BEHAR: So give them money to stay at home with their children?


HASSELBECK: Is this was headed up by Bill Clinton!

BARBARA WALTERS: Can I–Can I agree or follow up? It was indeed headed up by Bill Clinton. It was very controversial. In 1996, he signed, quote, The Personal Responsibilities And Work Opportunities Reconciliation Act that required recipients to begin working after two years of receiving benefits. And it placed–I want to make sure I’m accurate-- a life limit of five years on benefits paid by federal funds.


SHEPHERD: You know–It’s a continuation?

WALTERS: So what Romney is saying really–we can criticize him on other things, but this is almost the same thing that Bill Clinton signed

GOLDBERG: Ok. Can I just throw one thing out there? If people want to talk about helping women get back to work, women who may be in fact be on welfare, let us not characterize it as though they're welfare cheats. These are not people who are sitting around. There are people who do mess with the welfare system. But a lot of the people who are on welfare would like to be working–


GOLDBERG: They would like to be out there getting a job. And I think every time someone says–gives the impression that people on welfare aren't somehow– I mean, the phrase that he used, the dignity of work, it's so annoying.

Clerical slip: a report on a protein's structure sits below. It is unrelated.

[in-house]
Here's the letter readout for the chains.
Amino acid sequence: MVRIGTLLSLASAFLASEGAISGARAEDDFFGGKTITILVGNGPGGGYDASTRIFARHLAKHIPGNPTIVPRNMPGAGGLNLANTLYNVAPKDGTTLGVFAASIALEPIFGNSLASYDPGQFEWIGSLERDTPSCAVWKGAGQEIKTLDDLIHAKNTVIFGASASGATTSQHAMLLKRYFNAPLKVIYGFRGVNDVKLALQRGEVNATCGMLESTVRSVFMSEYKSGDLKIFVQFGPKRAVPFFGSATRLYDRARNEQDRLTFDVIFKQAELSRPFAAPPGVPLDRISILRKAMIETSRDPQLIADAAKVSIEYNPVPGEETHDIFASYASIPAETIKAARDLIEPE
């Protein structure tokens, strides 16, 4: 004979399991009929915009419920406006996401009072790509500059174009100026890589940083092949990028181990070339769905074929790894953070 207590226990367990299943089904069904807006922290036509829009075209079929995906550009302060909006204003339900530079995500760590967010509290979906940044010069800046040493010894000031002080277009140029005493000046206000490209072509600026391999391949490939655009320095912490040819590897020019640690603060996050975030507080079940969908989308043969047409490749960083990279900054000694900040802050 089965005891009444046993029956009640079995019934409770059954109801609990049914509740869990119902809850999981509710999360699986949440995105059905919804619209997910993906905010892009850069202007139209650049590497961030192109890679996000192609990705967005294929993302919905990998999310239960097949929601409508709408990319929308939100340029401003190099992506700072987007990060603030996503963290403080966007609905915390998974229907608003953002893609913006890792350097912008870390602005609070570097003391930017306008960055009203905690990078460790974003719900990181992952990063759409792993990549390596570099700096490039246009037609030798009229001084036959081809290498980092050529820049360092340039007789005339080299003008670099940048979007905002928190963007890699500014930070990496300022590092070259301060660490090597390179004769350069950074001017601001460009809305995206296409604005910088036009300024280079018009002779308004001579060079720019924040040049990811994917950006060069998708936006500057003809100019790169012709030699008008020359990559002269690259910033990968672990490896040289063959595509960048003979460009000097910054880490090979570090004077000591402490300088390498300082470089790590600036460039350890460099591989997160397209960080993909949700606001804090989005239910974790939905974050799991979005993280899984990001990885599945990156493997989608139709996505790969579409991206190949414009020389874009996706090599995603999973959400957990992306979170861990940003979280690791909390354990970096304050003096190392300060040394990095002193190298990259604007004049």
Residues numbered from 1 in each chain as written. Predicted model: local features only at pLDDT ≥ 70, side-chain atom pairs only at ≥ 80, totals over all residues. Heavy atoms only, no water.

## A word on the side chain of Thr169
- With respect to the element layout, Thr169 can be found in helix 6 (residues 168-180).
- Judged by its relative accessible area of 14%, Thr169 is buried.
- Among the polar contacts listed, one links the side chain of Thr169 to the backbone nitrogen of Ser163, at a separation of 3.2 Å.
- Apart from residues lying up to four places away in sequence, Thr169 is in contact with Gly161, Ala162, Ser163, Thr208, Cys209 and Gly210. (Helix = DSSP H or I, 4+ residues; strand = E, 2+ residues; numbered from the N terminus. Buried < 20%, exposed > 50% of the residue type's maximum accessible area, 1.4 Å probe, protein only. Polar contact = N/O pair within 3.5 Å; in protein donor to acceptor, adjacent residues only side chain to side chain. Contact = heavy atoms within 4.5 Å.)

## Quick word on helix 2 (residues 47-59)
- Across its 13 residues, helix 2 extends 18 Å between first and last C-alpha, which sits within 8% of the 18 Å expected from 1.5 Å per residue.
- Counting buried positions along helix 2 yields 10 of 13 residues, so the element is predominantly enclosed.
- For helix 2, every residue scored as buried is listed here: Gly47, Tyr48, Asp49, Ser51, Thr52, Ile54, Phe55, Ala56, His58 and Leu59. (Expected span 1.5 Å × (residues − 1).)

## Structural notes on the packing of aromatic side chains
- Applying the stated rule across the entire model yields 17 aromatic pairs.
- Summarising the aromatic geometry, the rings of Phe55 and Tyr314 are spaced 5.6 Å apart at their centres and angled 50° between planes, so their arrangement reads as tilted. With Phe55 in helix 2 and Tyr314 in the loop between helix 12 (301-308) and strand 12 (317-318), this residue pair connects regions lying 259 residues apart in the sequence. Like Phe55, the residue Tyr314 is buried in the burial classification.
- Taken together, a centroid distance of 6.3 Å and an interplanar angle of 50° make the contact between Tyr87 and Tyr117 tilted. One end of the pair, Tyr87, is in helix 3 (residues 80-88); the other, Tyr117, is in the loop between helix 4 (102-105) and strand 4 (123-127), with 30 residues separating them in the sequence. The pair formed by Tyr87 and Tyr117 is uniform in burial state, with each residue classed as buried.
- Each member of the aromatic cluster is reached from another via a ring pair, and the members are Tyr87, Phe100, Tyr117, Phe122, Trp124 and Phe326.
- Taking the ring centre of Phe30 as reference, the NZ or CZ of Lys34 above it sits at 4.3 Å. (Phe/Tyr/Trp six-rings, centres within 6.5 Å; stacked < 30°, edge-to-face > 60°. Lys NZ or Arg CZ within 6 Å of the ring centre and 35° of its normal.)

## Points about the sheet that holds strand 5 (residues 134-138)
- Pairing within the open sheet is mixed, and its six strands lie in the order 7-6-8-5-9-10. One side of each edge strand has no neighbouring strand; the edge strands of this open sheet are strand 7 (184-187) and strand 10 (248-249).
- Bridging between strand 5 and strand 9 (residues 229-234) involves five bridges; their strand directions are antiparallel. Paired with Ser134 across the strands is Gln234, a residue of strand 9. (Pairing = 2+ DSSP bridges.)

SHEPHERD: (Inaudible)


BEHAR: It’s condescending.

HASSELBECK: I actually think that a woman doesn’t have to depend on some man to bring in money to her. If she’s in a position to make her own money then she would feel good about herself.

GOLDBERG: I’ll tell you why–because, because–We’re not depending on men. Let me tell you something, getting on welfare is one of the hardest things anybody has to do–


GOLDBERG: Because you know the stigma that you get for getting on it. So I don't think the government needs to make it any worse by making speeches about people's dignity in terms of working. That's just my opinion.

HASSELBECK: I hear you, I understand you.


WALTERS: So what–The whole idea is this, it was signed by Bill Clinton–

GOLDBERG: I know, I was there when he did it–

WALTERS: Could I just finish? I let you finish yours, let me–


WALTERS: The whole idea of it, said, was encourage two-parent families if that was possible and discourage out-of-wedlock births. Not that it doesn't happen, not that they should be condemned. But it was a way of saying we will support for you for two to five years and then after that, we hope you can find a job.

GOLDBERG and SHEPHERD: (inaudible)

HASSELBECK: I think that -- I do actually think that women in 17 years, the women's poverty rate is as highest its been now. We need to talk about it now.

SHEPHERD: No, I just think there’s a difference. Welfare was always meant to help people, you know do something and go farther. When you're on welfare, it sometimes it can lead  to complacency. If you're on there for a long time. And I think you get a dignity–You don't have a dignity when you're on there for a long time not doing anything. So I absolutely support pushing women to go out there.

BEHAR: But why not support women to stay home with the children? Ann Romney did it cause she’s rich–

SHEPHERD: No because, you–It’s a difference when you have money–


GOLDBERG: I'm so sorry, we have to go. We have to much. We’ll be right back with more hot topics.